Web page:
Finally, it is inherent in human nature to try to personalize one's space, to make it one's own, and to make it a place where one can feel comfortable. From my own personal experience, I remember that back when I was a n00b, the first thing I did was to make a user page, so I would not feel as much of an outsider in a new place. Some users have previously indicated that they do not understand why this is an issue at all; however, for me, it was similar to extending one's arm for a handshake upon entering a new space. If I had had my user page prodded in the month between I made my first edit to my user page and when I made my first edit to Dubya, I would have considered Wikipedia to be a hostile place, and would have never returned. The last thing we want to do as Wikipedians is to make Wikipedia appear as a contentious environment.

Our success depends on how many editors are comfortable editing here, and taking actions that are "anti-User" or "anti-Community" on the surface do not help us retain badly-needed users. Our success depends on whether we can produce a culture that nurtures collaborative processes between editors, perhaps even more than on the quality of our articles. As a result, if I had seen the debate while it was open, I would have opposed the nomination, and !voted keep.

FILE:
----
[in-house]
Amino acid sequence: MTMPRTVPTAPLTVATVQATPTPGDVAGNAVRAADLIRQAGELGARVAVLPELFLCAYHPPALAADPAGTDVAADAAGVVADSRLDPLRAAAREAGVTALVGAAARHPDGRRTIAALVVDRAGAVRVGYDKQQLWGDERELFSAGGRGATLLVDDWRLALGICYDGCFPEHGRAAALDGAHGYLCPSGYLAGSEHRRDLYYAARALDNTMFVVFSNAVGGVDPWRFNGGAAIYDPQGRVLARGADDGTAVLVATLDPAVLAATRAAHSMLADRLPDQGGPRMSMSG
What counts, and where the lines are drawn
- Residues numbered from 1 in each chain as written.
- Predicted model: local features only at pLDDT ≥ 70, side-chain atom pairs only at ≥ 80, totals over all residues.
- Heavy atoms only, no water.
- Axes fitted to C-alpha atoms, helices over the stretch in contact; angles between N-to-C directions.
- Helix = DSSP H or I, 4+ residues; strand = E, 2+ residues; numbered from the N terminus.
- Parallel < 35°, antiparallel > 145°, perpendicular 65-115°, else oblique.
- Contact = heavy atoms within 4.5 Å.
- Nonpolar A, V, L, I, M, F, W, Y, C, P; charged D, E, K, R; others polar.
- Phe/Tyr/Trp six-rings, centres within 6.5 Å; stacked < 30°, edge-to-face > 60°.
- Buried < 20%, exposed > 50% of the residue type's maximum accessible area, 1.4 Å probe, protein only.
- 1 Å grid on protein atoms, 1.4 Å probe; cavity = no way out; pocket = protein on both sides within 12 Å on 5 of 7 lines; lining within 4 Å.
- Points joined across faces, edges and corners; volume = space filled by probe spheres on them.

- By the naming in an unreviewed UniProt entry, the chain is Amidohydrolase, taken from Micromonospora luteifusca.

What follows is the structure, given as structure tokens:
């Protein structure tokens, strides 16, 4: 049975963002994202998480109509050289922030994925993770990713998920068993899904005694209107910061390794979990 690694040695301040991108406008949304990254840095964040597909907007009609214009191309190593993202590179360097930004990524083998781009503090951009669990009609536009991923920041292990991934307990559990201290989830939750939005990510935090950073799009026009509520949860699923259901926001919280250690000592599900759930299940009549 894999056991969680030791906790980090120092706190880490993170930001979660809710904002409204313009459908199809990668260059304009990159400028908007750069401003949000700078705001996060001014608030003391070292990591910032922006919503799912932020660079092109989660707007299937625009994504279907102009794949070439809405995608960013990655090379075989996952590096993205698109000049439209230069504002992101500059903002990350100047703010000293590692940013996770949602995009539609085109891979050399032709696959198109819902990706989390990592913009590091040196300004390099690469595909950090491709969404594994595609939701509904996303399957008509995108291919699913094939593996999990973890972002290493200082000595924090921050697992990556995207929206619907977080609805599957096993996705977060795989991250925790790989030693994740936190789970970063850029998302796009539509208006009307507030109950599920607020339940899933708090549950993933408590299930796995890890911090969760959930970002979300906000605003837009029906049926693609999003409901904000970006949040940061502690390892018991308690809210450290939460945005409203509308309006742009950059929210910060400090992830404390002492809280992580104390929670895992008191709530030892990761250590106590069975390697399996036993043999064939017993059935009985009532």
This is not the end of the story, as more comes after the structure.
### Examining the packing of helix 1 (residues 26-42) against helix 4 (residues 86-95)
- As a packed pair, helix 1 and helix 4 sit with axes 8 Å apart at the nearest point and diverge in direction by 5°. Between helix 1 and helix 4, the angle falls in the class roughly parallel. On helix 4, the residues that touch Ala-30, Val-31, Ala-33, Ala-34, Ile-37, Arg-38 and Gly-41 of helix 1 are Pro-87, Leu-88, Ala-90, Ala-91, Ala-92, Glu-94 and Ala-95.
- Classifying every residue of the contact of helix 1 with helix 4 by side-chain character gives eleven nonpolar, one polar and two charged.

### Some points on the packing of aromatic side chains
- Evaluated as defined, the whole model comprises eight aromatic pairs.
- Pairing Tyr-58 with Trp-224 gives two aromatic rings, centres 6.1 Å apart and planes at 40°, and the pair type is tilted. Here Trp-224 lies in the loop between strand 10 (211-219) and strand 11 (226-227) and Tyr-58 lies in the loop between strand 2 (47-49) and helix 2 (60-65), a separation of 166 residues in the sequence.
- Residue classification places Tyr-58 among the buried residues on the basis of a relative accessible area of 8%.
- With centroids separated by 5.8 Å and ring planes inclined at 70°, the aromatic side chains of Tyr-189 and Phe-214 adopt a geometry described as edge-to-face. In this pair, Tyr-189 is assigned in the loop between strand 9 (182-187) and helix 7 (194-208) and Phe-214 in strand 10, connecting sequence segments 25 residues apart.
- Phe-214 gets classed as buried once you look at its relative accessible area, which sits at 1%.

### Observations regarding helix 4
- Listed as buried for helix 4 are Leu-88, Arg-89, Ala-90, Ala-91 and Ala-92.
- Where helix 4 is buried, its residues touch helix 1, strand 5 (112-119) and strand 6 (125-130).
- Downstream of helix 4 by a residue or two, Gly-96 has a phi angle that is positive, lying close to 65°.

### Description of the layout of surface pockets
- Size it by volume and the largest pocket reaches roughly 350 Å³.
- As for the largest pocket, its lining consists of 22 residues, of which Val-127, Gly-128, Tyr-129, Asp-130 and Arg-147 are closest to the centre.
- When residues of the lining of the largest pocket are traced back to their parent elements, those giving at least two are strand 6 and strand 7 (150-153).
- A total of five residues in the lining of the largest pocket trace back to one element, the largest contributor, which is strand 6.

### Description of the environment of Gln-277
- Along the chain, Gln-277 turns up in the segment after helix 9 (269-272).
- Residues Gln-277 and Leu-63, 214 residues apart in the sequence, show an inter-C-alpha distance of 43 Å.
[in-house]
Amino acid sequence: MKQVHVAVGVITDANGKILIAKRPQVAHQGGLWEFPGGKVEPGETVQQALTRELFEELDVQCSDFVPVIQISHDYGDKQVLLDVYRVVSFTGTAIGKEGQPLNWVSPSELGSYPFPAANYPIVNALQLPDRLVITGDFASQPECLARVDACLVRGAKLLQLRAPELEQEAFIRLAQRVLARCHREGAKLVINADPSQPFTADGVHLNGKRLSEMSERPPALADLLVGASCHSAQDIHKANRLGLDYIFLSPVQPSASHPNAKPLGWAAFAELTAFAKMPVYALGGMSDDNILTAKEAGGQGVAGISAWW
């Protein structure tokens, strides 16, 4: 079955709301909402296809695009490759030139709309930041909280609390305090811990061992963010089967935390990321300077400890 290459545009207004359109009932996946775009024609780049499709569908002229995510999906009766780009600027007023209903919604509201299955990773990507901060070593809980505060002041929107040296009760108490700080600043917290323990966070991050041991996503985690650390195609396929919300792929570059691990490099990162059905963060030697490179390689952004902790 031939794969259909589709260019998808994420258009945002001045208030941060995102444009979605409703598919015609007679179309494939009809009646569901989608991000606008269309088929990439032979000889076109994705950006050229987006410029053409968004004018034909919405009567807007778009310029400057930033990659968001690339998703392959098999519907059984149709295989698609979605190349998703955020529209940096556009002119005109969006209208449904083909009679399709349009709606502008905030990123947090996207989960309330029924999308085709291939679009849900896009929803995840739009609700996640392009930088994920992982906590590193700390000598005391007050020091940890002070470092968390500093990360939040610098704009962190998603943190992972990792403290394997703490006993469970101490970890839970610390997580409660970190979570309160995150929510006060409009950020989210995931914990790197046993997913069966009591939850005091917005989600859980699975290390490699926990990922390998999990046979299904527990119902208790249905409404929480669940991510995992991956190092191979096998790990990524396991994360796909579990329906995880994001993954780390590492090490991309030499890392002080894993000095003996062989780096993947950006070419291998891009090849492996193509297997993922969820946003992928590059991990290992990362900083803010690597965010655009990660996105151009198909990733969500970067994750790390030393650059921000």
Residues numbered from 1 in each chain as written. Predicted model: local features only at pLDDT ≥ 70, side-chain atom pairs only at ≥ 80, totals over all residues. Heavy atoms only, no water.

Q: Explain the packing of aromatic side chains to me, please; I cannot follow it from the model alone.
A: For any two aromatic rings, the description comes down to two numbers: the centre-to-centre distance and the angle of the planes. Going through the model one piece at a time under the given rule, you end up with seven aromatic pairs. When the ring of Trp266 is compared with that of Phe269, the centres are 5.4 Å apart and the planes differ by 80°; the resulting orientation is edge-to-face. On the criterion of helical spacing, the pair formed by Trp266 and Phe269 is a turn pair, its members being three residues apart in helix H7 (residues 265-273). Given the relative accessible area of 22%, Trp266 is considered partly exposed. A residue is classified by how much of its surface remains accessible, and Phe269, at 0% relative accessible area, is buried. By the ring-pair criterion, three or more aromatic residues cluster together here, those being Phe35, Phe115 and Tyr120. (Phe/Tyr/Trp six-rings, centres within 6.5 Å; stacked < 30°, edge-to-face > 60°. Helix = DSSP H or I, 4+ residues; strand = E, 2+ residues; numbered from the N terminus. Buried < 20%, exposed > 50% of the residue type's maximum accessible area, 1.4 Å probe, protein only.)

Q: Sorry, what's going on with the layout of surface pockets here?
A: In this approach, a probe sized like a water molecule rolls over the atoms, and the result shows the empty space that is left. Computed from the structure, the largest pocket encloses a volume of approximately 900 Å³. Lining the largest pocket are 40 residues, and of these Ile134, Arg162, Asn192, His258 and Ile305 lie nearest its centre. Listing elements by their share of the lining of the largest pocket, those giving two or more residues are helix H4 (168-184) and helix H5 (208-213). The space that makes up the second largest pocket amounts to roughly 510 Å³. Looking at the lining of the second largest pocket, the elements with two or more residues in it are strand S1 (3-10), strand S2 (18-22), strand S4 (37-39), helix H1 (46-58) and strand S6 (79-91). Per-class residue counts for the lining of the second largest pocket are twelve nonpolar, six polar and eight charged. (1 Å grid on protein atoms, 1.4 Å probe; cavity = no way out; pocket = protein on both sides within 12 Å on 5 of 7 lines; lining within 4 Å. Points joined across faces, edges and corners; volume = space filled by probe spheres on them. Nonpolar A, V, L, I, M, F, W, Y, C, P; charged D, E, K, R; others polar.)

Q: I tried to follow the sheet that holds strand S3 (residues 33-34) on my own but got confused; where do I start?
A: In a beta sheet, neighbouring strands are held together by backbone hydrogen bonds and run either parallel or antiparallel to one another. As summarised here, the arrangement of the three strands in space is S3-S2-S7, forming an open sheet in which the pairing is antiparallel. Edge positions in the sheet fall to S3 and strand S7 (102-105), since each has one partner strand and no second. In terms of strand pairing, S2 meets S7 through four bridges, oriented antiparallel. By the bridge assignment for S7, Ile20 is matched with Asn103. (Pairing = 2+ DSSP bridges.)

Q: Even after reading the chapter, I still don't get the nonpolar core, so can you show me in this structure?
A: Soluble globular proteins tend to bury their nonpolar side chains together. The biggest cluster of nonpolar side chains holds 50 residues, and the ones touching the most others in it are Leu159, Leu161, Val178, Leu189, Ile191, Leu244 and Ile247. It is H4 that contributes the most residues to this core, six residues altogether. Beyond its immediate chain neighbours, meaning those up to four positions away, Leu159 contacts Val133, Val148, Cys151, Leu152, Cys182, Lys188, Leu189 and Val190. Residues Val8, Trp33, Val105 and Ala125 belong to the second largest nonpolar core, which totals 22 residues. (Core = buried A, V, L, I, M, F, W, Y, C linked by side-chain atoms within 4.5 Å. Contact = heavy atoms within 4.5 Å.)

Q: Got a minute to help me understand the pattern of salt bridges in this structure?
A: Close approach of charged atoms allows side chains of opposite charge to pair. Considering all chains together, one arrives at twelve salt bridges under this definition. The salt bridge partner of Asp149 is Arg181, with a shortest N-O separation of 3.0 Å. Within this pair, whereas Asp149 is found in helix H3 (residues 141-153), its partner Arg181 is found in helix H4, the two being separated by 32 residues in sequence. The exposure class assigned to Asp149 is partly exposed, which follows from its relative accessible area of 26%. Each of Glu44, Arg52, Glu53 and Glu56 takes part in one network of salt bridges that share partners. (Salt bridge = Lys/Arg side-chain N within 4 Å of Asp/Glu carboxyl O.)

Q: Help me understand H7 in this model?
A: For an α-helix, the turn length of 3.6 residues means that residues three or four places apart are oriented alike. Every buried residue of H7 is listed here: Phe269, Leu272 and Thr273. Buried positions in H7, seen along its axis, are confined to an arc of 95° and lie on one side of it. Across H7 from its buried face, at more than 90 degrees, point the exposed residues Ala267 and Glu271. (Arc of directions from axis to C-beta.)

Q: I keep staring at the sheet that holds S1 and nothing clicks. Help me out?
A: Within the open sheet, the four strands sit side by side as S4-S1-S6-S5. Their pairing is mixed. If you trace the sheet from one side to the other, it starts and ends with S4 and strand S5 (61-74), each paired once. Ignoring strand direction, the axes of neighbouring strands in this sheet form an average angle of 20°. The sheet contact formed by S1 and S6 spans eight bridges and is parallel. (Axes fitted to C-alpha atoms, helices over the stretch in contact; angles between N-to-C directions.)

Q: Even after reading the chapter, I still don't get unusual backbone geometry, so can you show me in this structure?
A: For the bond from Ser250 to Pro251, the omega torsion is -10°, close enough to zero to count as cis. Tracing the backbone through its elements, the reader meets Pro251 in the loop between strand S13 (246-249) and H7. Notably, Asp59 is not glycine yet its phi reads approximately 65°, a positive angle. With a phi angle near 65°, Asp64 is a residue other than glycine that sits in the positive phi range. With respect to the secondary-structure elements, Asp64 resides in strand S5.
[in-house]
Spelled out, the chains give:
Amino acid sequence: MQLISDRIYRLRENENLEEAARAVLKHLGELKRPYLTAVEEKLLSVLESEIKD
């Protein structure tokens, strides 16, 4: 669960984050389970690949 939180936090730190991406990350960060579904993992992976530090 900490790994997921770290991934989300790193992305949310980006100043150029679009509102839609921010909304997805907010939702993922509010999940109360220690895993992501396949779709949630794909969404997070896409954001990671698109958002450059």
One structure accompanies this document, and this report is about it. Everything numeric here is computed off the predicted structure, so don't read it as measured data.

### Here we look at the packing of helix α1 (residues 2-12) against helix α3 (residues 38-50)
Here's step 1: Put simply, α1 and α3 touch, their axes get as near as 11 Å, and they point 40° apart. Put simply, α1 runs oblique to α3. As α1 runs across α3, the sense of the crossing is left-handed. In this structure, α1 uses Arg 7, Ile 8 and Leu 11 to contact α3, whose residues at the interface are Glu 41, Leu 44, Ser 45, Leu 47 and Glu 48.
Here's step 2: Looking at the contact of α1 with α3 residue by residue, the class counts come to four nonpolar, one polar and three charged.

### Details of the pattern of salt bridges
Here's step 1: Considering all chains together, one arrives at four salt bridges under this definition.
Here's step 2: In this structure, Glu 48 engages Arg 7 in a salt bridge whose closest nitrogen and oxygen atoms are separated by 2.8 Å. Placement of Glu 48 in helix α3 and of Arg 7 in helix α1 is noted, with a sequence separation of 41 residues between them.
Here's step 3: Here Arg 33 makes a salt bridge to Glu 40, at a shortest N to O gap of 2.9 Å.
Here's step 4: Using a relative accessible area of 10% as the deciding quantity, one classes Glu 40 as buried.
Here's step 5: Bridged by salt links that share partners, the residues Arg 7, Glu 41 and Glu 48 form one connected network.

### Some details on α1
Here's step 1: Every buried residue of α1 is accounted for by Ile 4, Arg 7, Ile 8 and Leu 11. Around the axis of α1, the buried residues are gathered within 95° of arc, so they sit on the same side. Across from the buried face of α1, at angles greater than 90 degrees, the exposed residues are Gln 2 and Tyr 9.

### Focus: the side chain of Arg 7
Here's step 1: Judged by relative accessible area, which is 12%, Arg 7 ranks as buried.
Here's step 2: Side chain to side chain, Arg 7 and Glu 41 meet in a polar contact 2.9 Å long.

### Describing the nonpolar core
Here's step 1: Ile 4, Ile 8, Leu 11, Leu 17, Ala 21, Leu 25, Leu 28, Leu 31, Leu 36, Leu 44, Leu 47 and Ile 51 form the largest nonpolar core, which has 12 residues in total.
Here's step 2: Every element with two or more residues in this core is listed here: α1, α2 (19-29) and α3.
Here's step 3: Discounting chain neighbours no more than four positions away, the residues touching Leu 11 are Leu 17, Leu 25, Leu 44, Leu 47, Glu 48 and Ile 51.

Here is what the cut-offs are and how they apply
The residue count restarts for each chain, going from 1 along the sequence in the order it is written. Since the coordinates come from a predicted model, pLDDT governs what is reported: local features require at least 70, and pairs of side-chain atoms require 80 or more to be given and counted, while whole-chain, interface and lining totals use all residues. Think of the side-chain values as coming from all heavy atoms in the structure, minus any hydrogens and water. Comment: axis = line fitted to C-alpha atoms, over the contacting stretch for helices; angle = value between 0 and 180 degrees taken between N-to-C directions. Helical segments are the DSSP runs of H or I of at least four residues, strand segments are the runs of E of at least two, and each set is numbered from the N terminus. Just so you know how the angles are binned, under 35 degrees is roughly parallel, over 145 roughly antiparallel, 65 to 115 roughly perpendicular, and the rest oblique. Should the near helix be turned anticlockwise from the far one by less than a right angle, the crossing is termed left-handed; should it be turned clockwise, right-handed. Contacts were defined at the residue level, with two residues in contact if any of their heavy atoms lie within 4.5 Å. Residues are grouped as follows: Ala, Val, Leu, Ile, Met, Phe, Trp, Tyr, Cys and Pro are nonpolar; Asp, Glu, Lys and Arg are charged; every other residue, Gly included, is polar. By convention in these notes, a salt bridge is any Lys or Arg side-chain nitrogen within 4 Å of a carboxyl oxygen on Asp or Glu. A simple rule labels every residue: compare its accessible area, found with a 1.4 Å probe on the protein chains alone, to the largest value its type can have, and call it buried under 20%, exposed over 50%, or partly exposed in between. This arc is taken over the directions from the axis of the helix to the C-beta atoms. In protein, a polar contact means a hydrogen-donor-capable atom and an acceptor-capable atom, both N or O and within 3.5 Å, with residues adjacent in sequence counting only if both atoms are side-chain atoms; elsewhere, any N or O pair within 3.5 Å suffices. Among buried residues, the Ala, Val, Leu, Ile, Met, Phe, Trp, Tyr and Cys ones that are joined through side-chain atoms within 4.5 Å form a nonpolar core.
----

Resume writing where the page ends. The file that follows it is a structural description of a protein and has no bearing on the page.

All right, let's see how much I actually use this thing... please bear with me as I learn how to customize it, and most of all, how to actually use it... :P

Currently, not much going on. After the storm due to the credentials controversy subsided, everything else seems to have returned to normal. Vandals still are wasting our time, hurricane articles need to be improved and sent to FAC, how to fix RFA keeps being discussed, etc. All the usual things are going on.

I'm trying to see if I can make a patch for Bug 471. Let's see how that goes.

Signing off for now,